Watkins: No sir, I'm not a pacifist, sir. I'm a coward.

Colonel: That's a very silly line. Sit down.

Watkins: Yes sir. Silly, sir. (sits in corner)

Colonel: Awfully bad.

(Knock at the door, sergeant enters, and salutes.)

Sergeant: Two civilian gentlemen to see you, sir!

Colonel: Show them in please, sergeant.

Sergeant: Mr Dino Vercotti and Mr Luigi Vercotti.

(The Vercotti brothers enter. They wear Mafia suits and dark glasses.)

Dino: Good morning, Colonel.

Colonel: Good morning gentlemen. Now what can I do for you.

Luigi: (looking round office casually) You've... you've got a nice army base here, Colonel.

Colonel: Yes.

Luigi: We wouldn't want anything to happen to it.

Colonel: What?

Dino: No, what my brother means is it would be a shame if... (he knocks something off mantel)

Colonel: Oh.

Dino: Oh sorry, Colonel.

Colonel: Well don't worry about that. But please do sit down.

Luigi: No, we prefer to stand, thank you, Colonel.

Colonel: All right. All right. But what do you want?

Dino: What do we want, ha ha ha.

Luigi: Ha ha ha, very good, Colonel.

Dino: The Colonel's a joker, Luigi.

Luigi: Explain it to the Colonel, Dino.

Dino: How many tanks you got, Colonel?

Colonel: About five hundred altogether.

Luigi: Five hundred, eh?

Dino: You ought to be careful, Co1onel.

Colonel: We are careful, extremely careful.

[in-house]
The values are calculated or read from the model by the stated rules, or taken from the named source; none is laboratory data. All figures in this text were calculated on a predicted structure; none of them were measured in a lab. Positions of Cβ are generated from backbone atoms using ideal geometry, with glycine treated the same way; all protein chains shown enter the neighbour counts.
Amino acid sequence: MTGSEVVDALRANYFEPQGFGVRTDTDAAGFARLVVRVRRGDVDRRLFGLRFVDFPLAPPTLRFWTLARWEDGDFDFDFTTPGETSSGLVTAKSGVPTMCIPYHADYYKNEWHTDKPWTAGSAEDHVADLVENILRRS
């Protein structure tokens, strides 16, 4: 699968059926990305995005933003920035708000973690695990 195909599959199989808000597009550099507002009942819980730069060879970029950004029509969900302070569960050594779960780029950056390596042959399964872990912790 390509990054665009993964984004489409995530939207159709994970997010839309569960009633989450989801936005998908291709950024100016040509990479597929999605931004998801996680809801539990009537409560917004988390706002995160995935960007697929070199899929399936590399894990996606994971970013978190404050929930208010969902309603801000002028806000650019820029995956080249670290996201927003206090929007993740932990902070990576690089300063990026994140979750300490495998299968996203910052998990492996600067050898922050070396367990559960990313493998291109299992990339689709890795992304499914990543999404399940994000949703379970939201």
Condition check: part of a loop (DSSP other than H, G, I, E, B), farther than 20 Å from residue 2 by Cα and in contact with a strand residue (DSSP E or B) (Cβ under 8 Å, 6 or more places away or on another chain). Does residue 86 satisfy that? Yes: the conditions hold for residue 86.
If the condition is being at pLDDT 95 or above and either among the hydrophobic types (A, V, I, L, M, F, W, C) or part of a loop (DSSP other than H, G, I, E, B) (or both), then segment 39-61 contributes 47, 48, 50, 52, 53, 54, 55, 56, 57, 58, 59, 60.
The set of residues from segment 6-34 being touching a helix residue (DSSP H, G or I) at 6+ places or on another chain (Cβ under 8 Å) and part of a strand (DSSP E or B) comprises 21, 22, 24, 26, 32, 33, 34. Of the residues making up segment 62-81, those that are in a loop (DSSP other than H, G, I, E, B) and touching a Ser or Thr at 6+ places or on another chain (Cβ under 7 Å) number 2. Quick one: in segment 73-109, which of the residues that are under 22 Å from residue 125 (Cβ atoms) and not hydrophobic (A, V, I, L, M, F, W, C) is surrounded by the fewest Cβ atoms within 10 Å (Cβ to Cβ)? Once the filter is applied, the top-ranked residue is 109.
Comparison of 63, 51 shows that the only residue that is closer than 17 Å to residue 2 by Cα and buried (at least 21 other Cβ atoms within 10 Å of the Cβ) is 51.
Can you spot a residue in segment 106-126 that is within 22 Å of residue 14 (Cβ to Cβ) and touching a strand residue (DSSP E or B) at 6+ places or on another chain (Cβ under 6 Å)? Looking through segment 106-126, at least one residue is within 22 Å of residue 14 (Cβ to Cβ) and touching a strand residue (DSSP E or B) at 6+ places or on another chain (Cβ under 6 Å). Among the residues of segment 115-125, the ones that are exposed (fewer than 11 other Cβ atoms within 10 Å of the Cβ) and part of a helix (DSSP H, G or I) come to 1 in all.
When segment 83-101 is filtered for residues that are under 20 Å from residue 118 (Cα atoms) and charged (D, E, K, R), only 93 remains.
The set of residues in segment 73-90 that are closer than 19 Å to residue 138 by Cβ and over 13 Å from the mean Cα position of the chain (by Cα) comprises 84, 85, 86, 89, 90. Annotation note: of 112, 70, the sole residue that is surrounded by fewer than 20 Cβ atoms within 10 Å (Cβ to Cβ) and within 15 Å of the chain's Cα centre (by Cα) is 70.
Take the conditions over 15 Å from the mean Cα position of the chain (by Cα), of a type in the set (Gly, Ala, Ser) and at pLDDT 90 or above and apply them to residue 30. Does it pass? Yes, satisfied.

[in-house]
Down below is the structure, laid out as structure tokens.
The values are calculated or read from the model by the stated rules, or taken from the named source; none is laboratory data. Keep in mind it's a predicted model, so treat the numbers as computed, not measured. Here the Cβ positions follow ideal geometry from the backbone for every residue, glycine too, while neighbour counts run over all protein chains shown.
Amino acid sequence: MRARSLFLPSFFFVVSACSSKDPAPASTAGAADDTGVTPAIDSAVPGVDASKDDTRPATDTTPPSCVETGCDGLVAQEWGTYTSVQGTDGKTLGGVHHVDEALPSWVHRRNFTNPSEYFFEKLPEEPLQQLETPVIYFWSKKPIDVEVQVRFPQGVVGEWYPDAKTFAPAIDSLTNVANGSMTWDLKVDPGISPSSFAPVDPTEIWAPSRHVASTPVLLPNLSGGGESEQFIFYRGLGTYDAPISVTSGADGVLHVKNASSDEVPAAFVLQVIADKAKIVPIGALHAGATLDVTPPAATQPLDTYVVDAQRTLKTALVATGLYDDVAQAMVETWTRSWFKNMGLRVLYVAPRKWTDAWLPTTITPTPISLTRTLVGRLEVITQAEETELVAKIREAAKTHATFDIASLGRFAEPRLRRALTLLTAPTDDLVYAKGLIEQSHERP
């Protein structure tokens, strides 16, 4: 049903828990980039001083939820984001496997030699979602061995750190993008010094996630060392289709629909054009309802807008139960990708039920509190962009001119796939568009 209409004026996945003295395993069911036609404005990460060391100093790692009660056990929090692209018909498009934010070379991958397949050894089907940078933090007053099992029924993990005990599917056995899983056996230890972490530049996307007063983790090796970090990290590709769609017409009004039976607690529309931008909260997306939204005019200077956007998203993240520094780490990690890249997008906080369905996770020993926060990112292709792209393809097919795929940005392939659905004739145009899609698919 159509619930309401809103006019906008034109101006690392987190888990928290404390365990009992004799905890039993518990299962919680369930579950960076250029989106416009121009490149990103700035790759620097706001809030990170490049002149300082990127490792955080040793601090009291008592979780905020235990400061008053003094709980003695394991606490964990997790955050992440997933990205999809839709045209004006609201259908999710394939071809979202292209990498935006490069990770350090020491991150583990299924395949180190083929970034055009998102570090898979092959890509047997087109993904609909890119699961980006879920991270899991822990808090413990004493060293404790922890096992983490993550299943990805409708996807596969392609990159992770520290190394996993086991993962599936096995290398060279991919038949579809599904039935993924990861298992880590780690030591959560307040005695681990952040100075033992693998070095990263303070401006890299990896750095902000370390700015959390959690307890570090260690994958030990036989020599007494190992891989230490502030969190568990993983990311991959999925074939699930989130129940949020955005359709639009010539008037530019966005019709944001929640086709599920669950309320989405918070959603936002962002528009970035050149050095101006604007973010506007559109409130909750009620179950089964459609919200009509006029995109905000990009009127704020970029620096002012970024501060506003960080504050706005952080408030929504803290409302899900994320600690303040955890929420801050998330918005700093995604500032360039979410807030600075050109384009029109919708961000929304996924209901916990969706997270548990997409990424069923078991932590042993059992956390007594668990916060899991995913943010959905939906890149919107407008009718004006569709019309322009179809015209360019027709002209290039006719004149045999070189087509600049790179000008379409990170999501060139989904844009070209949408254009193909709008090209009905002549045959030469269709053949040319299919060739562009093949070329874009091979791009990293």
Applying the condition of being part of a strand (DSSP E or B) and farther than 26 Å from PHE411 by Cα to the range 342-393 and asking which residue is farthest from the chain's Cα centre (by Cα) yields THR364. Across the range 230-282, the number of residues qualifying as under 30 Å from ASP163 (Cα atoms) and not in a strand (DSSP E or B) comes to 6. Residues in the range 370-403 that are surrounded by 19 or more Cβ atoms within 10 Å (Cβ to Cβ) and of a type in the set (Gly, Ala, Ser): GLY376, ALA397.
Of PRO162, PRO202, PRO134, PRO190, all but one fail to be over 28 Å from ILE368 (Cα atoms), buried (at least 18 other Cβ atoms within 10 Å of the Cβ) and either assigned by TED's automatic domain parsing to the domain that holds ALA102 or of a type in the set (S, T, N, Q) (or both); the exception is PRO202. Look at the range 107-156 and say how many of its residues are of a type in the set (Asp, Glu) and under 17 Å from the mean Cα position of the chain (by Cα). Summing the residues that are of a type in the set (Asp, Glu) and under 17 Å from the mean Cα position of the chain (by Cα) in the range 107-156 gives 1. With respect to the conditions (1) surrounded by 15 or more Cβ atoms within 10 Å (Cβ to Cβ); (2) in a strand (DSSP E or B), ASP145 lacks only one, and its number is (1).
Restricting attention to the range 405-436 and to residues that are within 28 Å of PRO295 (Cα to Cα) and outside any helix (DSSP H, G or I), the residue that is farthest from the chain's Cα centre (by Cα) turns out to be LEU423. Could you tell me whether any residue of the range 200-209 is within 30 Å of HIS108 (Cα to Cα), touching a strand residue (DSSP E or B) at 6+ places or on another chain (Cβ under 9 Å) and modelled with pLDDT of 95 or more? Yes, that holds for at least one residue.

Dino: 'Cos things break, don't they?

Colonel: Break?

Luigi: Well everything breaks, don't it Colonel. (he breaks something on desk) Oh dear.

Dino: Oh see my brother's clumsy Colonel, and when he gets unhappy he breaks things. Like say, he don't feel the army's playing fair by him, he may start breaking things, Colonel.

Colonel: What is all this about?

Luigi: How many men you got here, Colonel?

Colonel: Oh, er... seven thousand infantry, six hundred artillery, and er, two divisions of paratroops.

Luigi: Paratroops, Dino.

Dino: Be a shame if someone was to set fire to them.

Colonel: Set fire to them?

Luigi: Fires happen, Colonel.

Dino: Things burn.

Colonel: Look, what is all this about?

Dino: My brother and I have got a little proposition for you Colonel.

Luigi: Could save you a lot of bother.

Dino: I mean you're doing all right here aren't you, Colonel?

Luigi: Well suppose some of your tanks was to get broken and troops started getting lost, er, fights started breaking out during general inspection, like.

Dino: It wouldn't be good for business would it, Colonel?

Colonel: Are you threatening me?

Dino: Oh, no, no, no.

Luigi: Whatever made you think that, Colonel?

Dino: The Colonel doesn't think we're nice people, Luigi.

Luigi: We're your buddies, Colonel.

Dino: We want to look after you.

Colonel: Look after me?

Luigi: We can guarantee you that not a single armoured division will get done over for fifteen bob a week.

Colonel: No, no, no.

Luigi: Twelve and six.

Colonel: No, no, no.

Luigi: Eight and six... five bob.

Colonel: No, no this is silly.

Dino: What's silly?

Colonel: No, the whole premise is silly and it's very badly written. I'm the senior officer here and I haven't had a funny line yet. So I'm stopping it.

Dino: You can't do that!

Colonel: I've done it. The sketch is over.

Watkins: I want to leave the army please sir, it's dangerous.

Colonel: Look, I stopped your sketch five minutes ago. So get out of shot. Right director! Close up. Zoom in on me. (camera zooms in) That's better.

Luigi: (off screen) It's only 'cos you couldn't think of a punch line.

Colonel: Not true, not true. It's time for the cartoon. Cue telecine, ten, nine, eight...

(Cut to fullscreen countdown.)

Dino: (off screen) The general public's not going to understand this, are they?

Colonel: (off screen) Shut up you eye-ties!